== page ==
Quinoa - the superfood in the 21st century

Quinoa tabbouleh
Quinoa tabbouleh | Source
Chenopodium quinoa plant from the Andes Mountains.
Chenopodium quinoa plant from the Andes Mountains. | Source
Cheopodium quinoa grown in Bolivia by the shores of Lake Titicaca
Cheopodium quinoa grown in Bolivia by the shores of Lake Titicaca | Source

The 'new' superfood of the 21st century, quinoa (pronounced keen-wa) has recently been rediscovered as a nutrient rich, gluten free seed, not a grain, that can be cooked the same way as rice and can be used in a wide range and variety of dishes.

Quinoa is a seed which is prepared and eaten similarily to a grain. Quinoa is a non-GMO, glueten free and is usually grown organically.

I only recently discovered quinoa myself, although it has been around and popular for several years. I enjoy the nutty taste of this seed and I have substituted quinoa for the use of rice in several meals and dishes.

It originally was found grown in the Andean Mountains of South America, specifically in the countries of Peru, Bolivia, Ecuador and Colombia. It has been around since approximately 3000 BC and was an everyday staple of the Inca people's diet who resided in the west coast of South America in the 15th and 16th centuries. Today, it is still grown high in the Andes Mountains in the cool, thin air and dry soil. The majority of the quinoa sold and eaten today is still cultivated and harvested in the Andes Mountains.

The name quinoa comes from the Quecha language of the Incas and is a species of goosefoot. Chenopodium, a grain crop grown primarily for its edible seeds. It is not a member of the true grass family and is considered a pseudocereal rather than a true cereal. It is closely related to the families of beetroots, spinach and tumbleweeds.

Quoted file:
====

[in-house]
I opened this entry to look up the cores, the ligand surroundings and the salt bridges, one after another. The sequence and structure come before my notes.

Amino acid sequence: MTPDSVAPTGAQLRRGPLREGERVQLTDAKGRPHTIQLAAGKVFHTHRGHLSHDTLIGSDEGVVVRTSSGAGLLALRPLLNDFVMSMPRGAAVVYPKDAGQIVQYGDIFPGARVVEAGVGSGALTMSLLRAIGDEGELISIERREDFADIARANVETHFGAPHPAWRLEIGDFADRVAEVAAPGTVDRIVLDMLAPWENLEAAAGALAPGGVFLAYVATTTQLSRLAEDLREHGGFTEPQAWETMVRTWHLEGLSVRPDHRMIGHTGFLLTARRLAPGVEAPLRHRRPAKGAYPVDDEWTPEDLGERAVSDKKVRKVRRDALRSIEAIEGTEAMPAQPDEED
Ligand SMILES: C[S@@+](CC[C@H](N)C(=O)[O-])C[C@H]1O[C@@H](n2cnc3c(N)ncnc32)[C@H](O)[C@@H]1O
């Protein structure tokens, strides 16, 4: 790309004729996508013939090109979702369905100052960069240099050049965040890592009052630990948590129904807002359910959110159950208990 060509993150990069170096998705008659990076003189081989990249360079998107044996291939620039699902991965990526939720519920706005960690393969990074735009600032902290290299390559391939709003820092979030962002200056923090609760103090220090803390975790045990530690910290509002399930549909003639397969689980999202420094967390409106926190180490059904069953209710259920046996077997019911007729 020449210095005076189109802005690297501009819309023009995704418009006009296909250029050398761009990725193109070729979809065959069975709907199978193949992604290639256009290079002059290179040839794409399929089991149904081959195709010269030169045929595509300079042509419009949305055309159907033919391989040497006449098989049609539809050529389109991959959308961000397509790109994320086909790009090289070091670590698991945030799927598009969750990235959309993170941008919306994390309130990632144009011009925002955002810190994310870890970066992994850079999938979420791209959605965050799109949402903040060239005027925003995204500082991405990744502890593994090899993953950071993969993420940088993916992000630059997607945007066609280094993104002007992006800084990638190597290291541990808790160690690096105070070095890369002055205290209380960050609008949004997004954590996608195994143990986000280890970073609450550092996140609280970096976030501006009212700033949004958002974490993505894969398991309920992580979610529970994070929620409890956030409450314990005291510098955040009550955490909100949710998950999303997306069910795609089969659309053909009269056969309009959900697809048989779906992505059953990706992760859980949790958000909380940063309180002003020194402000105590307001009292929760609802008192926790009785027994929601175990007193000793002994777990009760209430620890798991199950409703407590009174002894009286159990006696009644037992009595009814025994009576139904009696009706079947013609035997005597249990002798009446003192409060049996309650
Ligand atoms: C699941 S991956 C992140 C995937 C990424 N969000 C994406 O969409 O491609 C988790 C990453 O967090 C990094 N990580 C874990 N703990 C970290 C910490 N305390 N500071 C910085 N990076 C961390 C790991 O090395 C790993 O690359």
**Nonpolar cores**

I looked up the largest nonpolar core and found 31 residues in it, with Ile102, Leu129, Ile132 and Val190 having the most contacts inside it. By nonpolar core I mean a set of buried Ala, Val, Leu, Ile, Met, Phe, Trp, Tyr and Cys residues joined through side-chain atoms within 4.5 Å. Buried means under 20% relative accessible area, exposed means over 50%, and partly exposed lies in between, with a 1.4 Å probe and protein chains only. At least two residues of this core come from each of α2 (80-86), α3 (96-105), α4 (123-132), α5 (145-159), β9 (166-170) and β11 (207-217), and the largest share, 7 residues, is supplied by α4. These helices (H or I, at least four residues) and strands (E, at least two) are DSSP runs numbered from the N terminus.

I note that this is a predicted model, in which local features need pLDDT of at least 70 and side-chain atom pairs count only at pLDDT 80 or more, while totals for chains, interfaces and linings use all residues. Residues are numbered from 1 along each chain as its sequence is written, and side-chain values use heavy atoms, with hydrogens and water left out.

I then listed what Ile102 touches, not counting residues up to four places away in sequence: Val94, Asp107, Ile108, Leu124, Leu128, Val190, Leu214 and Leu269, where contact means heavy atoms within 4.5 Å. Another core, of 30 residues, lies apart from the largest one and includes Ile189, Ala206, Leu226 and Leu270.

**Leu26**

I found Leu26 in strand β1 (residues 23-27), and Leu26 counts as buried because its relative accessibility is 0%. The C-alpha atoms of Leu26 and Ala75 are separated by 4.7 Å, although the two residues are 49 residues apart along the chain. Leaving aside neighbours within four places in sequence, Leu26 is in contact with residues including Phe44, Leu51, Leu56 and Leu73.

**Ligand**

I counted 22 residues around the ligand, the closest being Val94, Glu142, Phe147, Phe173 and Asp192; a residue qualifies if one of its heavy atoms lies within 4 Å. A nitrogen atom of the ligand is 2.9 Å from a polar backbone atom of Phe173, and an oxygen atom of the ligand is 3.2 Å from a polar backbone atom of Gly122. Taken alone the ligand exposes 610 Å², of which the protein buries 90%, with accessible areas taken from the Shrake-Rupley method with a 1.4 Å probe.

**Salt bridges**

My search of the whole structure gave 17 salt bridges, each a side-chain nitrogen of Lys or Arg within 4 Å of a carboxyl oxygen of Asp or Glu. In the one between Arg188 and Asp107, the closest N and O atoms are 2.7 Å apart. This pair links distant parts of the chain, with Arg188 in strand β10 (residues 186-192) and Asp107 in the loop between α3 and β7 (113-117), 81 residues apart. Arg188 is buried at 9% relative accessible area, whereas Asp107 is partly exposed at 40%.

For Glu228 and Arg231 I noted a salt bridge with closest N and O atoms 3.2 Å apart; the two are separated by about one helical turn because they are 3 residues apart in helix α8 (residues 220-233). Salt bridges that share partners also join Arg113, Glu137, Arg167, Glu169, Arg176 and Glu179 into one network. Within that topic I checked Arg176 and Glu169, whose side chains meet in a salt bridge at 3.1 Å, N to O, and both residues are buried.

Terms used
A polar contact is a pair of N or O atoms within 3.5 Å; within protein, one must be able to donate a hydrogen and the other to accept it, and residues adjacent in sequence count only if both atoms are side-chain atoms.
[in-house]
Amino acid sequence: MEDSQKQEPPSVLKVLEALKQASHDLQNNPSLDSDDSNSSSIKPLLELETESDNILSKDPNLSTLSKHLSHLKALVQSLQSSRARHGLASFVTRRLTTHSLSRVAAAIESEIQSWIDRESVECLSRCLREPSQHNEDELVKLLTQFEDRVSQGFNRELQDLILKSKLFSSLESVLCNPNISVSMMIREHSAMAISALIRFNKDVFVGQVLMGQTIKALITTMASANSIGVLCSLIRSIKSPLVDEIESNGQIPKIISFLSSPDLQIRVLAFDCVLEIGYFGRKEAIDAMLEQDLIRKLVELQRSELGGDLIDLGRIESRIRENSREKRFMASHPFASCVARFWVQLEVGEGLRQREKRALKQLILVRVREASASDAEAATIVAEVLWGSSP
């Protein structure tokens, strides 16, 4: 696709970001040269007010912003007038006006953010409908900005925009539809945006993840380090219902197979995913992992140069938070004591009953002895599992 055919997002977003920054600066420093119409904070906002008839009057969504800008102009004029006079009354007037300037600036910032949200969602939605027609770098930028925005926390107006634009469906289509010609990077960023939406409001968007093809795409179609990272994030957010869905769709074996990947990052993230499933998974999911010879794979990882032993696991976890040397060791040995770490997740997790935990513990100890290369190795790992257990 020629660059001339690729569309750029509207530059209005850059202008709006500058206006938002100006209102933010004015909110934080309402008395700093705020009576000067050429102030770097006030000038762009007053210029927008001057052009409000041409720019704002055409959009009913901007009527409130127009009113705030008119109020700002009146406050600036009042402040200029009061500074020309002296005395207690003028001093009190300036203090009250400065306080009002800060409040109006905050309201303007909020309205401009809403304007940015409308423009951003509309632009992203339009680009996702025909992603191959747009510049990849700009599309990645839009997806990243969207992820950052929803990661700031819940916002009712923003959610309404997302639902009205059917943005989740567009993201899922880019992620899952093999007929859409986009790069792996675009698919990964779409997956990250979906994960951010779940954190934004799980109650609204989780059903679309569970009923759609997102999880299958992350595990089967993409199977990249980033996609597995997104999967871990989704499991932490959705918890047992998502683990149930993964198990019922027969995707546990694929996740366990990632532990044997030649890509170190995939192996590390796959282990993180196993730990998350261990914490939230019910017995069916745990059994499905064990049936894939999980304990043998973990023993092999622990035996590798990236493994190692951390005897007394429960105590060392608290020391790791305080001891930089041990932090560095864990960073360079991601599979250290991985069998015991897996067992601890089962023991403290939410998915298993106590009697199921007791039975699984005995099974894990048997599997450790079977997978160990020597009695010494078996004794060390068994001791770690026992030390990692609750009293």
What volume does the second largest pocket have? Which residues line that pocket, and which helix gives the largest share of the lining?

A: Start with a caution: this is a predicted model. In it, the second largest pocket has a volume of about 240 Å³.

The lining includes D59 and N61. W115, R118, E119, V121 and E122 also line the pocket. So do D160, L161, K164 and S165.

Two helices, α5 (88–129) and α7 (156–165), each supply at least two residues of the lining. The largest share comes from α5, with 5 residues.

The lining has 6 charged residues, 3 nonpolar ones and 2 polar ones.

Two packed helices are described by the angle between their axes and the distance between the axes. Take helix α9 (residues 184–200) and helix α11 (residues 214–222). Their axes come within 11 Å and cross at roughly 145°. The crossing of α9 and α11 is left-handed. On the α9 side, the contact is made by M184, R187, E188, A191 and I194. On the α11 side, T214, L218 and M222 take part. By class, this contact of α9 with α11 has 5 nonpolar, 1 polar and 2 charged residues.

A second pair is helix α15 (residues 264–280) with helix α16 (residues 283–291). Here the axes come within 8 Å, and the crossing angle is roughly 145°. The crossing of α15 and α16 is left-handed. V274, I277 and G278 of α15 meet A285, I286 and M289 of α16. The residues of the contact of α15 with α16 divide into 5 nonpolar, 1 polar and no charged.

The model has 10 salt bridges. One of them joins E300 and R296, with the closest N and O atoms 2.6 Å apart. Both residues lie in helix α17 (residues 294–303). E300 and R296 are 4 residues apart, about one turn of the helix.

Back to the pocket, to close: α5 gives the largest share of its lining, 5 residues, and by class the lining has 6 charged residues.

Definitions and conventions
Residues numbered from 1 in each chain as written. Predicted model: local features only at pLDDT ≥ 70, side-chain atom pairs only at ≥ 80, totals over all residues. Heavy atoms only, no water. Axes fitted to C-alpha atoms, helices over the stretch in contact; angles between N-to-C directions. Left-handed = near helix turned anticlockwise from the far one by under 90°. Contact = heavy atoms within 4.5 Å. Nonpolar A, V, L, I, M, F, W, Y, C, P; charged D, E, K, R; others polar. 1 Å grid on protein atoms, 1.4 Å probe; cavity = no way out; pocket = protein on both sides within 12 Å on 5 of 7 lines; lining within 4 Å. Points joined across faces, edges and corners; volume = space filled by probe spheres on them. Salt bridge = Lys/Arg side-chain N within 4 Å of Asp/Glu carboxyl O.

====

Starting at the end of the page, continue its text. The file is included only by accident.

Its nutritional value cannot be surpassed as it is high in protein, gluten-free and its nutrient make-up is favorable compared with common cereals. Quinoa seeds contain essential amino acids like lysine and quantities of calcium phosphorus and iron. The entire plant is edible as the leaves can be eaten as a leafy vegetable and the stalks can be eaten also.

After harvest, the seeds must be processed to removed the coating containing the bitter tasting saponins. The seeds are then cooked the same way as rice and, therefore, can be used in a wide range of dishes. It has been an important staple in Andean cultures and has today now become a staple in diets internationally

Quinoa has a nutty, rice taste and is now used in a variety of dishes such as cereals, salads, main dishes and desserts. There is no end to how quinoa can be used in recipes.

Red, white, and black quinoa seeds are the most popular grown, harvested and eaten today.
Red, white, and black quinoa seeds are the most popular grown, harvested and eaten today. | Source
Quinoa with roasted corn, black beans and crab salad.
Quinoa with roasted corn, black beans and crab salad. | Source
Gluten free quinoa waffles.
Gluten free quinoa waffles. | Source

Quinoa History

The quinoa plant is indigenous to the Andes Mountains region of South America but has been prettyh much obscure in the rest of the world. It became an important staple in the Andean cultures, specifically of the Inca people. The Incas believed the quinoa crop to be sacred and they referred to it as the "mother of all grains," even though it is a seed.

Maize (corn) and quinoa became the two mainstay foods of the Inca empire which began around 1200 AD. It was a food that could survive in a wide variety of growing conditions.

Chenopodium quinoa is believed to have been domesticated in the Peruvian Andes from the wild or weed plants of the same species.

Traditionally, the Inca emperor would sow the first steeds of the season as it had status within the indigenous ceremonies of the Incas and those living in the Andes. However, when the Spanish conquered the Incas, they scorned quinoa as "food for indians," and not worthy for the Spanish colonists to eat.